Mental health plays an essential role in the employee experience. Since 2020, when we think about mental health, we think of the COVID-19 pandemic, the social injustice against the Black community, the hate towards Asians and Asian American Pacific Islanders, the ongoing political divide, employee burnout, and so much more.
Anything that goes on outside of the office still impacts the workplace and the mental health of employees. The way we speak to each other in the workplace, expressing our opinions, and using empathy to approach a sensitive topic all impact our mental health. An organization’s DEI (diversity, equity, and inclusion) efforts must be driven by mental health. Only half of all employees believe their organization has a genuine commitment to inclusion, according to Emtrain’s 2021 Workplace Culture Report on Inclusion
When building and improving your company’s DEI strategy, consider asking yourself (and key stakeholders) this: Will all of my employees feel psychologically safe with this strategy? How much does our company’s current work environment contribute to their mental health? No matter where your DEI efforts stand, it impacts everyone’s mental health and well-being.
High Expectations to Drive the Conversation
As diversity, equity, and inclusion strategies are implemented across different organizations, the burden to launch these programs fall on People of Color (POCs). Employers are disproportionately leaning on POCs to create diversity and inclusion initiatives that work for the organization, join support groups and committees, and build an action plan. They turn to the very few Black employees to ask what their company should do to increase diversity and inclusion. This type of burden and stress takes an emotional toll on individuals. On top of day-to-day work, the pressure to develop and launch these programs causes unnecessary stress and anxiety and negatively impacting their mental health. People of Color and Asian Americans are already dealing with the stress of social and systemic injustice.
Employers that take this approach, without any support given to these individuals, are taking the convenient, easy way out and treating it as a check the box exercise rather than an ongoing, collaborative initiative. Managers and leaders fail to recognize the emotional and mental impact these requests can have on individuals. People of Color and Asian Americans are expected to guide these conversations and answer questions others may have about race and race in the workplace. Additionally, they’re tasked with leading ERGs (employee resource groups) or reviewing corporate values to ensure it uses DEI language. You wouldn’t volunteer your engineering team to create a financial or HR strategy; it’s not their expertise.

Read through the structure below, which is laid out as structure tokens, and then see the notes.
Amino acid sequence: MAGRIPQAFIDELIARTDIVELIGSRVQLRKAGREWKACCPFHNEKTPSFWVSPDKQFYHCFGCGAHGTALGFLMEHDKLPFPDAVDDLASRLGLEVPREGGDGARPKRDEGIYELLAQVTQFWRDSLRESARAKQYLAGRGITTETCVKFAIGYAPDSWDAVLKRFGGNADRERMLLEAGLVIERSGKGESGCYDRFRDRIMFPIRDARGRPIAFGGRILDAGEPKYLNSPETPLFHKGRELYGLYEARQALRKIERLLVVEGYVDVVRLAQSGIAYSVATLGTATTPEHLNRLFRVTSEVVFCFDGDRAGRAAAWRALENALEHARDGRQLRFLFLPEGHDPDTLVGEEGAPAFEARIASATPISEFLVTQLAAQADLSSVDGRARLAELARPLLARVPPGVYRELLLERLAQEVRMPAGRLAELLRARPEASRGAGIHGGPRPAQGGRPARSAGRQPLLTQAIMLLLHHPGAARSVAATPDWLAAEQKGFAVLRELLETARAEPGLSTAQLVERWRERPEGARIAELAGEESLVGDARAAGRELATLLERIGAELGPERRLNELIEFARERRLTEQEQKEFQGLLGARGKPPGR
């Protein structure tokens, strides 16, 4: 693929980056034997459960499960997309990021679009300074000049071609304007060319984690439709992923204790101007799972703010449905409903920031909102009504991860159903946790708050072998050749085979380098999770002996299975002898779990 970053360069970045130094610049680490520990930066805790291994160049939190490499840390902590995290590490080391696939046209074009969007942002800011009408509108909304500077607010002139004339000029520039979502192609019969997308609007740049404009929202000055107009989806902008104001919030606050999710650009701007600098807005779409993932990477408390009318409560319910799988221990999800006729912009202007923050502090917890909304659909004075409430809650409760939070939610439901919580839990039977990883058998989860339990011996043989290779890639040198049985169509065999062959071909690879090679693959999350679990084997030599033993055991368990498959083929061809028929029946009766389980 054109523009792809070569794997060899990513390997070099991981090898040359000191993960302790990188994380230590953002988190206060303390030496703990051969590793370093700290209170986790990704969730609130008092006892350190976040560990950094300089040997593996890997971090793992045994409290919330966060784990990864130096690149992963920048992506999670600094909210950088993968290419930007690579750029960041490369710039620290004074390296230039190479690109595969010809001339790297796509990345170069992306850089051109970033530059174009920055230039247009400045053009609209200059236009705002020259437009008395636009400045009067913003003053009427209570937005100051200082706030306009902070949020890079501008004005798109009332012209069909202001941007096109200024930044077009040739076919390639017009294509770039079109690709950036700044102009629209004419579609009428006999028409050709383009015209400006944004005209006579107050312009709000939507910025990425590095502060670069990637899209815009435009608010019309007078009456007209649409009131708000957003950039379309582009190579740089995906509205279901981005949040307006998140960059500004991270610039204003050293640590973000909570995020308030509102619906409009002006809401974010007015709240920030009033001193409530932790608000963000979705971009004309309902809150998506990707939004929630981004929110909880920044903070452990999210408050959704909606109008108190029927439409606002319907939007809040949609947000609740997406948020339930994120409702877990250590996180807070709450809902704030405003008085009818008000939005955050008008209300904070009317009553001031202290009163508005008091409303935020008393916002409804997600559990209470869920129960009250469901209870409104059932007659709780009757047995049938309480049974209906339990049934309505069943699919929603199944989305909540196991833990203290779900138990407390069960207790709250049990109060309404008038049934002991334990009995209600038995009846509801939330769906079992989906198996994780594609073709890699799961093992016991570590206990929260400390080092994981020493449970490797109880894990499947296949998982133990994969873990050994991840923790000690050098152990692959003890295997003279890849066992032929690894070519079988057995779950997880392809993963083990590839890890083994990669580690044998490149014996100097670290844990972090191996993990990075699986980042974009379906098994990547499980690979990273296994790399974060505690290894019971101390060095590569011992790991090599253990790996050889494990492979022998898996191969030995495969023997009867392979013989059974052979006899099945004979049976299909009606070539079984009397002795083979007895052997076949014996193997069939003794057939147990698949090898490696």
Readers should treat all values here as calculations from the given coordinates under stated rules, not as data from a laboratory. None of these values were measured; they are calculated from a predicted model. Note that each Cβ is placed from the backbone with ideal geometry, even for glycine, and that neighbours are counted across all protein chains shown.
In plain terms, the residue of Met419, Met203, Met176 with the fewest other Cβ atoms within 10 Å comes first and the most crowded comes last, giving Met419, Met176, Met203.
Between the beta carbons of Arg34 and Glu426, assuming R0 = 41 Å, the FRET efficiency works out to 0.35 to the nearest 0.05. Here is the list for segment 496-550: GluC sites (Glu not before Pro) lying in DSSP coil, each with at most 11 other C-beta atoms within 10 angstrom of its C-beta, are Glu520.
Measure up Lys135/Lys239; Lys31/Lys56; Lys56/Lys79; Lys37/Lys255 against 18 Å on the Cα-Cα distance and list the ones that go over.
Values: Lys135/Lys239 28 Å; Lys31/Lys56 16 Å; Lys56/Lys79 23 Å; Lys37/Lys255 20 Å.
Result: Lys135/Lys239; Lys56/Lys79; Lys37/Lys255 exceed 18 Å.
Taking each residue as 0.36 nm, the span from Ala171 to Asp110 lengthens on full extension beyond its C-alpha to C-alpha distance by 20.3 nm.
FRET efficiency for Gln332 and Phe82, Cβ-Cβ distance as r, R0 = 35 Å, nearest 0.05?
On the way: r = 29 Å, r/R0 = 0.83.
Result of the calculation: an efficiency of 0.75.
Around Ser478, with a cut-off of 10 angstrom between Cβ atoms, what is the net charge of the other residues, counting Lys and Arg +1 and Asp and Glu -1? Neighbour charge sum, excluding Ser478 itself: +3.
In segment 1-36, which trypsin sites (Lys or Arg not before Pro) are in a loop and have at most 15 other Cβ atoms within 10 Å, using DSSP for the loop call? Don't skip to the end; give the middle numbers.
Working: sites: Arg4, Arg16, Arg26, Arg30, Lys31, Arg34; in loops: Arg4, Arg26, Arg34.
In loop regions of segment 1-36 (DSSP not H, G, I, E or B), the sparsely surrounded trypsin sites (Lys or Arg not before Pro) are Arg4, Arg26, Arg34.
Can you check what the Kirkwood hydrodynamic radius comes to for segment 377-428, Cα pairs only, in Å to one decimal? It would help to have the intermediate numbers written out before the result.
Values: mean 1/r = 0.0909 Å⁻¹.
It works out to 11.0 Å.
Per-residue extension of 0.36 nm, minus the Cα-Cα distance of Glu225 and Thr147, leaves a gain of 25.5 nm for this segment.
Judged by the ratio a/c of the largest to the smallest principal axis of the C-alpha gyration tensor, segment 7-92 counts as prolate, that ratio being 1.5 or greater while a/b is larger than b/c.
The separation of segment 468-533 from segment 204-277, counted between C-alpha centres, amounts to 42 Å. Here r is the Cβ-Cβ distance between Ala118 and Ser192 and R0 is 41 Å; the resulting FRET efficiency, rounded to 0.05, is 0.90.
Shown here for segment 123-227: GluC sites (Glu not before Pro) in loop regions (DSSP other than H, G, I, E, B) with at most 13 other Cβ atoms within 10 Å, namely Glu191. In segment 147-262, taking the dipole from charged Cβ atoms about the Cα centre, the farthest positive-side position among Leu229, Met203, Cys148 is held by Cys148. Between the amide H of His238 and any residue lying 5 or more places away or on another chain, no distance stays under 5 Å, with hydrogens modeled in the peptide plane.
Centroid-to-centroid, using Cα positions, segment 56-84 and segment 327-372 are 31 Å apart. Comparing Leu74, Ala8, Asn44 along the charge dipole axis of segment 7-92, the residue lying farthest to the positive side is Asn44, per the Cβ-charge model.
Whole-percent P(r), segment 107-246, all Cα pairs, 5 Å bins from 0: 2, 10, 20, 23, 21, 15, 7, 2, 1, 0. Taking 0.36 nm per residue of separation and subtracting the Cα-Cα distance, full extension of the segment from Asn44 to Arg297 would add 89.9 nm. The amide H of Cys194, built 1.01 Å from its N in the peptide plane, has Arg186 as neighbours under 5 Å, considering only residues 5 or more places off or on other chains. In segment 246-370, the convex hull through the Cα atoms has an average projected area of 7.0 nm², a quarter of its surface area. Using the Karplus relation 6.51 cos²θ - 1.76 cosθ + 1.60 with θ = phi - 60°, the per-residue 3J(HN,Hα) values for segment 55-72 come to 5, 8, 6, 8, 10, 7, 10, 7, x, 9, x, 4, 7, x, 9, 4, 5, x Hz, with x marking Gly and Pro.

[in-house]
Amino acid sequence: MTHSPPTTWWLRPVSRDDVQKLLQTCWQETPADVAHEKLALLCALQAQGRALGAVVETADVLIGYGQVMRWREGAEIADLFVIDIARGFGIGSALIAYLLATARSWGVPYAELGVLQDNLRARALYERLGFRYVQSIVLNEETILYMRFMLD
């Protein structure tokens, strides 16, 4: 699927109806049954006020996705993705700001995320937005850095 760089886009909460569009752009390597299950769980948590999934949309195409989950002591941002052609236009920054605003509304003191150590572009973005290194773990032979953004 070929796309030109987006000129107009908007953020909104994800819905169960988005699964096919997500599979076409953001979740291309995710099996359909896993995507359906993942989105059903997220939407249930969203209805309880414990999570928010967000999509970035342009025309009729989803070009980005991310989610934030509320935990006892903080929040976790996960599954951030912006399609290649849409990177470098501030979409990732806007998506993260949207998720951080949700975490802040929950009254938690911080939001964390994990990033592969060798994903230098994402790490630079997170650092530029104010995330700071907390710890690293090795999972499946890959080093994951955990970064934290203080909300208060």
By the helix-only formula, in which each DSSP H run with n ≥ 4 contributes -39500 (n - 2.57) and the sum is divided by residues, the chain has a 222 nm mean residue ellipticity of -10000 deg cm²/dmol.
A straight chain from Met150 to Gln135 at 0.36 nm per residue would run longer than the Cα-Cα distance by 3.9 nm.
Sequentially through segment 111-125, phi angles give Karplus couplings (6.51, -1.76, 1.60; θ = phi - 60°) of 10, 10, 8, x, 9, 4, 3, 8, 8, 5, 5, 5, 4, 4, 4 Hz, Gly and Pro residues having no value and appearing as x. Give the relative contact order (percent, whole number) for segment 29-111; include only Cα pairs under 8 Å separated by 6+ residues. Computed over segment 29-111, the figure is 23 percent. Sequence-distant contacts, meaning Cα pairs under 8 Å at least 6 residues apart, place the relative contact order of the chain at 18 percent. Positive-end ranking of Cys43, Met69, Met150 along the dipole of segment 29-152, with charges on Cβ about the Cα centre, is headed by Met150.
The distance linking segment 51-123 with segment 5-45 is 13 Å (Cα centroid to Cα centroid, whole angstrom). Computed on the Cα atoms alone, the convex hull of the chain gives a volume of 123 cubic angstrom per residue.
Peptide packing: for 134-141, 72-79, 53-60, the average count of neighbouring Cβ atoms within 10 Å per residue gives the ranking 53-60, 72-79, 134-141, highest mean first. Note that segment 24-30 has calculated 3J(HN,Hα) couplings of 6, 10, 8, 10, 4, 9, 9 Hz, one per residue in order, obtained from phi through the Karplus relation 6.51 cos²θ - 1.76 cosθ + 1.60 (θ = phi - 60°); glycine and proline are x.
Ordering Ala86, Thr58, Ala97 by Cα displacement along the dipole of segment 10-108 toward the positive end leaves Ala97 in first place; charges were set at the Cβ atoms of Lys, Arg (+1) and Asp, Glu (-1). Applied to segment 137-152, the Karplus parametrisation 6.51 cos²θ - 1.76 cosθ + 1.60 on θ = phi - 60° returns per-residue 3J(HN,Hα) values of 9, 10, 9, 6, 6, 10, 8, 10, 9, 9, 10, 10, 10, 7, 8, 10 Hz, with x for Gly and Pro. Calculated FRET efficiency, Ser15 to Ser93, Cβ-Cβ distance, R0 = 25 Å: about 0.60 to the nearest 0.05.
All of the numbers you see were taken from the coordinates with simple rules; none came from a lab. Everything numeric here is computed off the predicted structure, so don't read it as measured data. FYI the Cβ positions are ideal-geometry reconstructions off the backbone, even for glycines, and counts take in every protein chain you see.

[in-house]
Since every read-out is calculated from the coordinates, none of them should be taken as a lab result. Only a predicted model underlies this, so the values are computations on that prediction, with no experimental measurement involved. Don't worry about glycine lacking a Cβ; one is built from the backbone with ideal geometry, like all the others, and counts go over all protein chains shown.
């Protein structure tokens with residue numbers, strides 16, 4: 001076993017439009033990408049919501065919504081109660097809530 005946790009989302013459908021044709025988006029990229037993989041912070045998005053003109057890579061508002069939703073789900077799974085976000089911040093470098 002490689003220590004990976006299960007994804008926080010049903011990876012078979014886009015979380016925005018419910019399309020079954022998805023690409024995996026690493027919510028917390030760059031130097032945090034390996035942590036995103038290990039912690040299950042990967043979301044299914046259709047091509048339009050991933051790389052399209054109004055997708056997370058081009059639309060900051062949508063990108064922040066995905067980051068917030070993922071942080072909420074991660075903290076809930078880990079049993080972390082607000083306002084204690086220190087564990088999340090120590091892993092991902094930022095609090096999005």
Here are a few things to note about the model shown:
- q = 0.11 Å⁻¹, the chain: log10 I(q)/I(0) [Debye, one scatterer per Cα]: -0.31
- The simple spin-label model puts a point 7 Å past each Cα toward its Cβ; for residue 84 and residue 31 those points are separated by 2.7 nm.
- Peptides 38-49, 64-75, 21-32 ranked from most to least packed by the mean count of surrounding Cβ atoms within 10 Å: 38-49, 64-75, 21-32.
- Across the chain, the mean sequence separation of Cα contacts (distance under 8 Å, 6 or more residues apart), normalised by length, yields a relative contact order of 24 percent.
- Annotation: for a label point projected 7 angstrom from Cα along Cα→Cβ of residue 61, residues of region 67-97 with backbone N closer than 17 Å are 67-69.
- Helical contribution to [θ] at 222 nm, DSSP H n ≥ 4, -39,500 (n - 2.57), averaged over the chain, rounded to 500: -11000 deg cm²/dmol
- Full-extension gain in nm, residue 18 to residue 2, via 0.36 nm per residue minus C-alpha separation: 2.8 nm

Representation Impacts Mental Health
In response to the tragic death of George Floyd, global protests, and the increase in bias and violence against Asian Americans, more and more employers continuously emphasized their commitment to inclusion and social equity. After George Floyd’s death, depression and anxiety among Black and Latino communities more than tripled in 2020. As an employer, you have a corporate and social responsibility to recruit more diverse backgrounds and make inclusion a priority and give back to underrepresented communities.
Most employers have already acknowledged and pledged to increase women on boards, hire more Black employees by a specific date, and overall commit to improving their diversity efforts. Representation becomes the foundation of confidence, which increases productivity, takes on more challenges, and the motivation to strive for excellence at work. It brings out the best of your employees and attracts the best talent in your industry. Ultimately, the result is a much better-looking ROI, empowering underrepresented individuals to climb the corporate ladder successfully, and inspiring other individuals to do the same.
Employers can’t create a DEI strategy without keeping mental health in mind. For years, POCs have raised concerns about race in the workplace and lack of diversity and inclusion across the organization. As a result of recent societal events, organizations have made commitments to drive DEI efforts. But a DEI plan only works if you keep your employee’s mental and emotional well-being in mind.
If you want to have an impact, here are some resources that can help with mental health inclusion in the workplace:
- Mind Share Partners
- Center for Workplace Mental Health
- National Institute of Mental Health
- Blog Post: Address Mental Health in the Remote Workplace